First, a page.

In spite of the uproar – and the migration of elderly voters to Labour – caused by the Tories’ plans to make older people pay even for care at home out of the value of their house, the Tories have attempted to make the plan out to be ‘fair’ and have focused on the ‘cap’ on care costs – and the claim that people won’t be forced to sell their homes to pay for care.
But this is deeply misleading. It’s not really a ‘cap’, as the contribution to costs has no upper limit, so someone with a house in an expensive area will easily pay hundreds of thousands of pounds before reaching the last £100,000 of the value of their estate. Just a single day per week of home-based care costs – at the moment – around £7,000 a year – and this will of course rise with inflation.
It has emerged that the Tories have already promised their backers the opportunity to sell lucrative insurance contracts to older people that will cover the cost of care but will then force the sale of a property on the death of the insured, to pay for the insurance premium – and that insurers will have the right to seize and sell a property to cover the debt, without worrying about getting the best price for the family:
This mechanism was confirmed by Conservative think-tank The Bow Group last week:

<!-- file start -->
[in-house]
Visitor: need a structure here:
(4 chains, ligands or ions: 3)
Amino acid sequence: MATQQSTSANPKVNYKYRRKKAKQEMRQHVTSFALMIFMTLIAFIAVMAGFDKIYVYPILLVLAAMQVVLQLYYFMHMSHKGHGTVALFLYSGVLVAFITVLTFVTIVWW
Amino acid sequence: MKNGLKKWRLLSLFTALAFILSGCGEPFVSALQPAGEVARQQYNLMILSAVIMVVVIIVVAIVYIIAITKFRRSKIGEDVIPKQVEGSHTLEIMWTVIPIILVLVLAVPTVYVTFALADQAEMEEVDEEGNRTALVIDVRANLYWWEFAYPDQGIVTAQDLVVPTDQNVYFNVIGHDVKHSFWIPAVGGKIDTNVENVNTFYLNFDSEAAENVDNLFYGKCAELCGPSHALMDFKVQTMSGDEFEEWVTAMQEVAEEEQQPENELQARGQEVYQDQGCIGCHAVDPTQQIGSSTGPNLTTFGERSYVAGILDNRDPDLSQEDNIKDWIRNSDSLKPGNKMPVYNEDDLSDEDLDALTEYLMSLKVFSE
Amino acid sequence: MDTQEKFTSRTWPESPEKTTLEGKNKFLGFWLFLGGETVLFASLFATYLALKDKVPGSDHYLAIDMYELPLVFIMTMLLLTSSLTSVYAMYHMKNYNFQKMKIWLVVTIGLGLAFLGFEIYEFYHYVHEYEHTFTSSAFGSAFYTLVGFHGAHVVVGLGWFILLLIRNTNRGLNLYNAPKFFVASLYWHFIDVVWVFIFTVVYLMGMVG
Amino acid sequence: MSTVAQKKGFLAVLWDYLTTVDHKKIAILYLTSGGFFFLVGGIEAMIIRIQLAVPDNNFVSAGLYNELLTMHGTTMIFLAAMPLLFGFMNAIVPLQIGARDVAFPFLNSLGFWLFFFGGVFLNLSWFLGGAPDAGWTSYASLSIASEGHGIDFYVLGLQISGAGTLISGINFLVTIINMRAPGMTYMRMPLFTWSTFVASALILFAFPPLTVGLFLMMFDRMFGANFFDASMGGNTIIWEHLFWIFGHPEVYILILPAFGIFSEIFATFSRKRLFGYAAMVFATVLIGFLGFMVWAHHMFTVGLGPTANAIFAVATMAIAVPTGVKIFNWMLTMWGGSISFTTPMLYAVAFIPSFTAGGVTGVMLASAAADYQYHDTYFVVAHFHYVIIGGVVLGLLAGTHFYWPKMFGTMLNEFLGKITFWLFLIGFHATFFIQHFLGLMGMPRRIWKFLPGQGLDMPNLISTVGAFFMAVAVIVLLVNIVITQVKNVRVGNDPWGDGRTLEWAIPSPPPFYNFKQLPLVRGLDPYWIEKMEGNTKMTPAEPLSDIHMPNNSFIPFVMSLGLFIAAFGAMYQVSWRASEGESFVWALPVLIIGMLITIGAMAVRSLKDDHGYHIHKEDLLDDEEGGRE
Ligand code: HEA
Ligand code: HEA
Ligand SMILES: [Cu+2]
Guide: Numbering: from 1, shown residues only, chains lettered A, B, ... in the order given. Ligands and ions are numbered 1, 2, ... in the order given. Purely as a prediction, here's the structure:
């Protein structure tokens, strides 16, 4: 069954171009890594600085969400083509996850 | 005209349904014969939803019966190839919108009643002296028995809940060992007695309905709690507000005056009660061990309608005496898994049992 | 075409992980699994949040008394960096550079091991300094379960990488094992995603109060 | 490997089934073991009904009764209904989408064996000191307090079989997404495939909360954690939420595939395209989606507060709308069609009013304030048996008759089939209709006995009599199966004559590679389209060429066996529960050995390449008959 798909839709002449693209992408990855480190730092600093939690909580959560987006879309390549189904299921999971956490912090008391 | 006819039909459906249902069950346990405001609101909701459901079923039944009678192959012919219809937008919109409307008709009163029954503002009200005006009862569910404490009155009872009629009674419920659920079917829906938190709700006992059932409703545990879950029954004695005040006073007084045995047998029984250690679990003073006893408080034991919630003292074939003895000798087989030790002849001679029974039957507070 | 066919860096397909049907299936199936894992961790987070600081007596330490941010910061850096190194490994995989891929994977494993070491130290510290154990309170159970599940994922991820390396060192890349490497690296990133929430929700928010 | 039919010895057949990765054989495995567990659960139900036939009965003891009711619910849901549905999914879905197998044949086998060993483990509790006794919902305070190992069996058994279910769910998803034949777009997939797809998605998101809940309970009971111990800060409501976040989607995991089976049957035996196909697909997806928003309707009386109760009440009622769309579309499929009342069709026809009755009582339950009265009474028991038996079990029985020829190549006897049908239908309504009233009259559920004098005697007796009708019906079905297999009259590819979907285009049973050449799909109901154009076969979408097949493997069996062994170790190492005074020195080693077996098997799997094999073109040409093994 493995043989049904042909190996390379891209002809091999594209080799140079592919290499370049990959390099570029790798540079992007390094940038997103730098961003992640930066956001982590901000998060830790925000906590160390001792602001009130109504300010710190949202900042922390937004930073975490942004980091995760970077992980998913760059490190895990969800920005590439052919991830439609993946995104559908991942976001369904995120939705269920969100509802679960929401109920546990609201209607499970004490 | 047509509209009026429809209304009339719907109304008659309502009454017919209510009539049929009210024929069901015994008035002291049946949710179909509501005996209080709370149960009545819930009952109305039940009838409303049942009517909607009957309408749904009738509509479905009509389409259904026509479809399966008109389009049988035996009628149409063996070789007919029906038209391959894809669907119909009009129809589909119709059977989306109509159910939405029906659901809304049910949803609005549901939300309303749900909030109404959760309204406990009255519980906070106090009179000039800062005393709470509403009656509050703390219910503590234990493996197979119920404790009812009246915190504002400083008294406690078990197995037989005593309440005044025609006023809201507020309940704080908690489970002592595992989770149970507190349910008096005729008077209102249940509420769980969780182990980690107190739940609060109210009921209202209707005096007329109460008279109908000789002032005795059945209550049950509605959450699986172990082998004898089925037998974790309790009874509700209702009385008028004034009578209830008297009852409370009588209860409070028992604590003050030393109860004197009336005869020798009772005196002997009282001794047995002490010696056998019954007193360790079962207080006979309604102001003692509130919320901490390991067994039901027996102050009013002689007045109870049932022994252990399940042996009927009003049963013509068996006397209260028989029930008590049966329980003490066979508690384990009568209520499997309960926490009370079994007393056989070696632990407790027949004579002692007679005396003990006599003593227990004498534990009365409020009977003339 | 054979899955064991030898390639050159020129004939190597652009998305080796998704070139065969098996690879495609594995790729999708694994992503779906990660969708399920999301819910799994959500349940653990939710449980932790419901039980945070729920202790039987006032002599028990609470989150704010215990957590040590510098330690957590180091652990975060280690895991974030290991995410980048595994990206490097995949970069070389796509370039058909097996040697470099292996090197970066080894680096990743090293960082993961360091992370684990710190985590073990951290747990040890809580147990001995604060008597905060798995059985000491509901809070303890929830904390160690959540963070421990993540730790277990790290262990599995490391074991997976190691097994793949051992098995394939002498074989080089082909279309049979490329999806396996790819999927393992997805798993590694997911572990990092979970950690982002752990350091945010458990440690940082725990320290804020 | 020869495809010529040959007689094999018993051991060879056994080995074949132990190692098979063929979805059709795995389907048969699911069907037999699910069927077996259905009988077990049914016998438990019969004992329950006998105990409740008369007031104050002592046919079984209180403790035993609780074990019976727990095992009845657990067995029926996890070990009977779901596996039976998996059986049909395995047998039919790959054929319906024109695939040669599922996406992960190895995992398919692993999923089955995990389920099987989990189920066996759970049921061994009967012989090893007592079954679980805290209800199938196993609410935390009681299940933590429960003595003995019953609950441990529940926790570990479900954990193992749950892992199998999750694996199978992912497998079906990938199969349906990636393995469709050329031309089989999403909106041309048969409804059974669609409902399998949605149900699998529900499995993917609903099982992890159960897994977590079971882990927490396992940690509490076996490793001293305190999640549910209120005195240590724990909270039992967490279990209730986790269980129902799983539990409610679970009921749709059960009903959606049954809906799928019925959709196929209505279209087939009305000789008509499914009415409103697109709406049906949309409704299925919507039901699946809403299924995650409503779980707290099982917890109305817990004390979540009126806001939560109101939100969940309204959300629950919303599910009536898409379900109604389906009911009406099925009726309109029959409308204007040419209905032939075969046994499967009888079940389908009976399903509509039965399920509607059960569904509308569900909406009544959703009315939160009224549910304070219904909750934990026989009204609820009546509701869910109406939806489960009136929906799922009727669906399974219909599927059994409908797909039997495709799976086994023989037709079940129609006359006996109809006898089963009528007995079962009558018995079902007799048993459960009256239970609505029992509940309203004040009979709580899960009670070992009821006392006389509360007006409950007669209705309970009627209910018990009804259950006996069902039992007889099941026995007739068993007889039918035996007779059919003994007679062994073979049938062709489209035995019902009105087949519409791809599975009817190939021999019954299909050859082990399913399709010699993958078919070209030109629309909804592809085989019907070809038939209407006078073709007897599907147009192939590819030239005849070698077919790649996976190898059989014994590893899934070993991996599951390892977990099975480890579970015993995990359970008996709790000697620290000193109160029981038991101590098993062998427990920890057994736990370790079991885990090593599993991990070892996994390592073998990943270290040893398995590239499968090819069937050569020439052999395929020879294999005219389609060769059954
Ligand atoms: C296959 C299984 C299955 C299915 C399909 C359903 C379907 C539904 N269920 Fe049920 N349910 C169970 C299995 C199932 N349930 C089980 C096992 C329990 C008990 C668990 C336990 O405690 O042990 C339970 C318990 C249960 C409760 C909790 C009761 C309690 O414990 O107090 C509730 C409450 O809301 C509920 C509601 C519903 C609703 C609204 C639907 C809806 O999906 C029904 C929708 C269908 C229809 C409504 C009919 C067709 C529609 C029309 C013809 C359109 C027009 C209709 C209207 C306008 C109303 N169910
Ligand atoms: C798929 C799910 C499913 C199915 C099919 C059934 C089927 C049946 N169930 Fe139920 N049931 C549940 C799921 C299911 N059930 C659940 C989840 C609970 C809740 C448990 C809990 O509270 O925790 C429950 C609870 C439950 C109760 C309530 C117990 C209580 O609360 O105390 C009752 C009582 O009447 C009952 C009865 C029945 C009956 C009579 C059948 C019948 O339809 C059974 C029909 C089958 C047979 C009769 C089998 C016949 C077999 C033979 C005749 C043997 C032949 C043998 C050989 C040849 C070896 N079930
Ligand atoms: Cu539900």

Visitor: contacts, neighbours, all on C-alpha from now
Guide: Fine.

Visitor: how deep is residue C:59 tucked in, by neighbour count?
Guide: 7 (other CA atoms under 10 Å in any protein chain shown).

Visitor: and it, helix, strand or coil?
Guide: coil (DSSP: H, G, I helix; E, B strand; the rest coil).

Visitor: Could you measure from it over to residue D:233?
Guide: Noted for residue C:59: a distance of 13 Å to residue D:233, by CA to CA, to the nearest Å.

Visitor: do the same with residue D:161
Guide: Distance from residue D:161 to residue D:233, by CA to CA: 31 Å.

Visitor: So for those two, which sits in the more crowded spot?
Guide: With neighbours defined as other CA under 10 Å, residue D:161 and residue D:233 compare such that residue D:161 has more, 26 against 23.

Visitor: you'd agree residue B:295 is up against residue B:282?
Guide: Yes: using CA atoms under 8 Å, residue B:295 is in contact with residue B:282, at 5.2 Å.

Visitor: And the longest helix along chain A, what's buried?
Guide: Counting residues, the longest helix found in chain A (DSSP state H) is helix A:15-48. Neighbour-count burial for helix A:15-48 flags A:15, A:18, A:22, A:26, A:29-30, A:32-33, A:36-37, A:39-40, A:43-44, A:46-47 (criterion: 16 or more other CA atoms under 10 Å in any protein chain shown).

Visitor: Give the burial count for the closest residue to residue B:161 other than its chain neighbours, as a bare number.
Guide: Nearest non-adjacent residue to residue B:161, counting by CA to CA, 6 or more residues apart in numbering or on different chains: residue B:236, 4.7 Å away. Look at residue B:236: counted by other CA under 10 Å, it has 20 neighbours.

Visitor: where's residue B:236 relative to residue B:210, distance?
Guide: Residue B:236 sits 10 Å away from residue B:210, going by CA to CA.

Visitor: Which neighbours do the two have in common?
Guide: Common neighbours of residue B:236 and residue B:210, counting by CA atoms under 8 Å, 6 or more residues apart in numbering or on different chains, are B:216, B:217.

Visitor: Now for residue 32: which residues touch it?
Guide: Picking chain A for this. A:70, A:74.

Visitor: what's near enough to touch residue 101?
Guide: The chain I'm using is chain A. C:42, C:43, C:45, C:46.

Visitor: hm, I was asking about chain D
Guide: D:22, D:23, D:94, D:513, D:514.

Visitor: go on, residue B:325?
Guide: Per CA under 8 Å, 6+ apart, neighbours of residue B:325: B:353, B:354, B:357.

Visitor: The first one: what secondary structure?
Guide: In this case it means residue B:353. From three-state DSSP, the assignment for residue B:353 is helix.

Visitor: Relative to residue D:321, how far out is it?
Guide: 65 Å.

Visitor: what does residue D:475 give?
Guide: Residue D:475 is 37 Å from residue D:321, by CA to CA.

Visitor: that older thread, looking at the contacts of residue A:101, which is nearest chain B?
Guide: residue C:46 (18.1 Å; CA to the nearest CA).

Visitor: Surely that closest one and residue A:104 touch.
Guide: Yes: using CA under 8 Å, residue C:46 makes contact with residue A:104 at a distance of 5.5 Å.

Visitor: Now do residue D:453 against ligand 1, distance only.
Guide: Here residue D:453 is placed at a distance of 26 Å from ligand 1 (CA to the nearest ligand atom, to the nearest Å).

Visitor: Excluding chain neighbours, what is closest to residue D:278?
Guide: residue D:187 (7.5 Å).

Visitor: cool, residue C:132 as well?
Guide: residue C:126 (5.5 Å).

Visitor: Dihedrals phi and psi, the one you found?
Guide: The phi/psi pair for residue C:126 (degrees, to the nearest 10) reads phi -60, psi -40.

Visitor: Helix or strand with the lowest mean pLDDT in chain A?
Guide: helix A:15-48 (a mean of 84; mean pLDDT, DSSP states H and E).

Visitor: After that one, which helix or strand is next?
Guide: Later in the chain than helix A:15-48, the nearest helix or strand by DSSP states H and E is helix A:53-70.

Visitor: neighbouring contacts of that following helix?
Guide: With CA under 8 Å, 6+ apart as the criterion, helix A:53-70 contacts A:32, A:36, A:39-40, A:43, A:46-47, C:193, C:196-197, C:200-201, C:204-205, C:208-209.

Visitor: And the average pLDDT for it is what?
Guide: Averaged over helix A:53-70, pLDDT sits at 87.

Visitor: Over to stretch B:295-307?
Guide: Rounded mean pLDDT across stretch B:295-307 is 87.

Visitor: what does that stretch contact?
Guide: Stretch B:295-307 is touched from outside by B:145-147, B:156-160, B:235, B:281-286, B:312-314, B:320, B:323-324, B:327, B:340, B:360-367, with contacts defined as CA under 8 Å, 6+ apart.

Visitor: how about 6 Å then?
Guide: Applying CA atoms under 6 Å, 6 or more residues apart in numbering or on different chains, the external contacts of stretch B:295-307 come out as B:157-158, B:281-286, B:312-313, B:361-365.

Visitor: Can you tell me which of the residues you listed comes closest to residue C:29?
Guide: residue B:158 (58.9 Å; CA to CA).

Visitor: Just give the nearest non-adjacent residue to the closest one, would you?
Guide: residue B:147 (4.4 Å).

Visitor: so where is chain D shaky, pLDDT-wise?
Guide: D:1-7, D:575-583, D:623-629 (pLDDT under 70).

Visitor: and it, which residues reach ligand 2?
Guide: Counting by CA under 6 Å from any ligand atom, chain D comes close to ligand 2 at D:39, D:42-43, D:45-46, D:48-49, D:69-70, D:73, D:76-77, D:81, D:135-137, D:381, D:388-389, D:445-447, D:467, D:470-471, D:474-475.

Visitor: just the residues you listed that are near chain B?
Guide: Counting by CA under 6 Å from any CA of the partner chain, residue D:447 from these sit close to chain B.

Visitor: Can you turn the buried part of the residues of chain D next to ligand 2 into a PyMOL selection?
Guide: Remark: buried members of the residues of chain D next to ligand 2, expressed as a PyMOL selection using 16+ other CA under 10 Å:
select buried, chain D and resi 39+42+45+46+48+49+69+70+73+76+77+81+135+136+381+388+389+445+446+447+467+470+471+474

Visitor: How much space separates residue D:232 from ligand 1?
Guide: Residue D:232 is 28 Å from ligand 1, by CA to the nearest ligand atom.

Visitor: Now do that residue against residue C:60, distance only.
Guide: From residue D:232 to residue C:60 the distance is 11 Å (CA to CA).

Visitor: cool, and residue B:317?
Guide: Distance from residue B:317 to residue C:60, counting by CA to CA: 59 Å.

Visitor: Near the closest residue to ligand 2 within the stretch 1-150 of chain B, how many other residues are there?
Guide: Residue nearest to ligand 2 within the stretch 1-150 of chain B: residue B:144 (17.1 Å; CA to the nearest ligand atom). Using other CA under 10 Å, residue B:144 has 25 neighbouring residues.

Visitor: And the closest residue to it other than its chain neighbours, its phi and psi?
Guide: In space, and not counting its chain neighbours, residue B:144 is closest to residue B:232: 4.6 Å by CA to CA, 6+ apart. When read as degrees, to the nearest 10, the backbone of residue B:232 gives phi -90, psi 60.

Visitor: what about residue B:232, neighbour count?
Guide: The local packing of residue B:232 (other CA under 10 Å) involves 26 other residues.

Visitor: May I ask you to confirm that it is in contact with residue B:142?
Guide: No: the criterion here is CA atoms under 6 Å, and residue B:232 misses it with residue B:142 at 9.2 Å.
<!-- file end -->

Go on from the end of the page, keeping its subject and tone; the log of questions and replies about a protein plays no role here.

Tory Damian Green today dismissed concerns by saying on The Marr Show,
£100,000 is a reasonable inheritance.
But what happens when someone needs care, dies and leaves behind a spouse who also needs care either then or later?
Theoretically, the value of the remaining estate would be only £100,000 and the spouse would therefore not have to pay for care – but with the value of a house already consumed by insurance premiums for the first partner, this either means huge numbers of people receiving free care that the Tories have not costed for (like most of the rest of their manifesto), or, much more likely, the government demanding payment from the surviving spouse for his or her care out of the remaining estate.
Remember, as shown above the Tories are only saying you won’t have to sell your home to pay for care if you have one of their scam insurance products.
But are companies going to provide insurance when the value of the property is already used up? No, they’ll either refuse cover or make the survivor sign away the remnant to cover care that is unlikely to last out their lifetime if they need daily or even regular care.
Either way, a surviving spouse is going to face either being forced to sell their home to pay for their own care, or to sign it away to be sold for the benefit of the insurance company when they die – leaving nothing for their loved ones to inherit.
Whichever way you cut it, this is a colossal scam by a government that is hoping to fool people into voting for themselves to be deprived of what they hoped to pass on to their families.
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